As noted in the Schwab Market Perspective: Crunch Time, after five consecutive quarters of declining corporate earnings, the coming reporting season could prove to be important as earnings need to start to carry the weight if this bull market is to advance in our view. If the so-called "beat rate" (the percentage by which companies ultimately exceed consensus expectations) is consistent with the recent past, the quarter could see earnings move back in positive territory. If earnings disappoint, the market could be vulnerable. The collapse in the oil market is now in the rear-view mirror, which should help to solidify both the energy and basic materials sectors' earnings growth rates. And the stability in the dollar has also removed what had been a headwind for exporters and the industrials sector. For our outlooks for the major sectors see Schwab’s Director of Market and Sector Analysis, Brad Sorensen's, CFA, latest Schwab Sector Views: Can Tech Gains Continue?. Read both articles at

Europe higher ahead of earnings season, Asia mostly higher in subdued action

European equities began the week on a positive note, in the wake of last night's second U.S. Presidential debate, while oil & gas issues gained solid ground as crude oil prices recovered from Friday's pullback. Stocks showed some resiliency as the start of earnings season on both sides of the pond looms, while concerns about a hard Brexit and tapering at the European Central Bank lingered. In economic news, German exports rose much more than expected in August, while eurozone investor confidence improved more than expected for October. The euro and British pound lost ground versus the U.S. dollar, while bond yields in the region finished mixed. With global market uncertainty/volatility elevated, Schwab's Chief Global Investment Strategist Jeffrey Kleintop, CFA, reminds investors, Three Reasons Why Now is Not the Time to Retreat from Global Diversification and why Your portfolio may be less diversified than you think. Read these articles, at, and follow Jeff on Twitter: @jeffreykleintop.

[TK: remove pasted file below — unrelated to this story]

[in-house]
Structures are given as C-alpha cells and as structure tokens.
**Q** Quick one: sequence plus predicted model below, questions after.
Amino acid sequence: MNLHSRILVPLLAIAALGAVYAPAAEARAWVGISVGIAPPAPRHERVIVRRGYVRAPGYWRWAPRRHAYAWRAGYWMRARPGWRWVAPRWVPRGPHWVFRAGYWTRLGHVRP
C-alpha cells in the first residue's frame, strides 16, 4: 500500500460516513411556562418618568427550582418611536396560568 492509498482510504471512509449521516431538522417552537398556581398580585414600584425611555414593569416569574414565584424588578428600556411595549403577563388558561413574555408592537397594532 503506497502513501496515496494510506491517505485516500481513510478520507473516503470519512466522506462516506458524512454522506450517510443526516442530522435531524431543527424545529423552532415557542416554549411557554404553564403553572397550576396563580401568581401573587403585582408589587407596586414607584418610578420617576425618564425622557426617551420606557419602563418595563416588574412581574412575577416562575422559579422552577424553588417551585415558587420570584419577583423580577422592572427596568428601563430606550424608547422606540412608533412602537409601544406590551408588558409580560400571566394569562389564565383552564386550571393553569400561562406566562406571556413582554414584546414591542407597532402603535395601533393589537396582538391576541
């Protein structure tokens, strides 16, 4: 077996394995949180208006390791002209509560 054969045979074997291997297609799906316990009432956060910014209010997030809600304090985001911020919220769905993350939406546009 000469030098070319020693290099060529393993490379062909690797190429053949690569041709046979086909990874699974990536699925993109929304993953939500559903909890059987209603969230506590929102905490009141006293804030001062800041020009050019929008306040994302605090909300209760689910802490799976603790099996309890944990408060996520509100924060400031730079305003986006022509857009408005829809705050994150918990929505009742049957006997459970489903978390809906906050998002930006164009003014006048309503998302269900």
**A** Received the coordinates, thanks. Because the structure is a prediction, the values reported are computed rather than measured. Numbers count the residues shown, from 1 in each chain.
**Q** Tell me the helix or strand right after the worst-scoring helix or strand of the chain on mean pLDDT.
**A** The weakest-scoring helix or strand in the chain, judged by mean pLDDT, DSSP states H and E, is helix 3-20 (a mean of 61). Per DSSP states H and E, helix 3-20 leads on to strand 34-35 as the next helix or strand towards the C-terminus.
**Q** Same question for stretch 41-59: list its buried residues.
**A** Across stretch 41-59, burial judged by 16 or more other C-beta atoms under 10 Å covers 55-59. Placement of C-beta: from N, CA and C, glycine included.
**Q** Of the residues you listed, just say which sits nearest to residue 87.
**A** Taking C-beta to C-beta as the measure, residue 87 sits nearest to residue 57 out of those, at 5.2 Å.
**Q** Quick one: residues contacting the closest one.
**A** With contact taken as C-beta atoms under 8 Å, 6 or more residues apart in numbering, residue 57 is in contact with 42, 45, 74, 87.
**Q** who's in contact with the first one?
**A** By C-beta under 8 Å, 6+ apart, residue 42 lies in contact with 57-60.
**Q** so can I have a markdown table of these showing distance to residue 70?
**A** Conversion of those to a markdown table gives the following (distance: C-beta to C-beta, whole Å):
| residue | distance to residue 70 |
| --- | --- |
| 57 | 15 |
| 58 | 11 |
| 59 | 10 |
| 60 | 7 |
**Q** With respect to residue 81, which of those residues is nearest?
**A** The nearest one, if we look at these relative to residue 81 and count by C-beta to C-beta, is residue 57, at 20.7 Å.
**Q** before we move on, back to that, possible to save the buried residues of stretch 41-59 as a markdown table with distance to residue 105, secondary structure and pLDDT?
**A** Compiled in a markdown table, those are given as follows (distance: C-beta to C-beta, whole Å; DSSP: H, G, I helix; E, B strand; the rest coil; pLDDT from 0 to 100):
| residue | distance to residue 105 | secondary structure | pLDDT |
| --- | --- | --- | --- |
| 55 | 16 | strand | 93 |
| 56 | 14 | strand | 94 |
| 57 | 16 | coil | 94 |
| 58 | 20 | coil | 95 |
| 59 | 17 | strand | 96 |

Stocks in Asia finished mostly to the upside, with the global markets digesting the second U.S. Presidential debate, though volume was lighter than usual as markets in Japan and Hong Kong were closed for holidays. However, mainland Chinese equities advanced solidly in a return to action following an extended golden week holiday break, with the energy sector rallying on the heels of last week's solid advance in crude oil prices and the Caixin China Services PMI Index denoting continued expansion for September. Stocks in Australia and South Korea gained ground, while those traded in India ticked modestly higher, with Friday's slightly softer-than-expected U.S. employment report not moving the Fed rate hike needle any further. Schwab's Jeffrey Kleintop, CFA, offers timely analysis of the global economic picture in his article, World Tour: An Around The World Look At the Economic Landscape, at

Tomorrow, the international economic calendar will be light as well, with reports scheduled for release to include CPI from Sweden and the Zew Economic Sentiment Survey from Germany.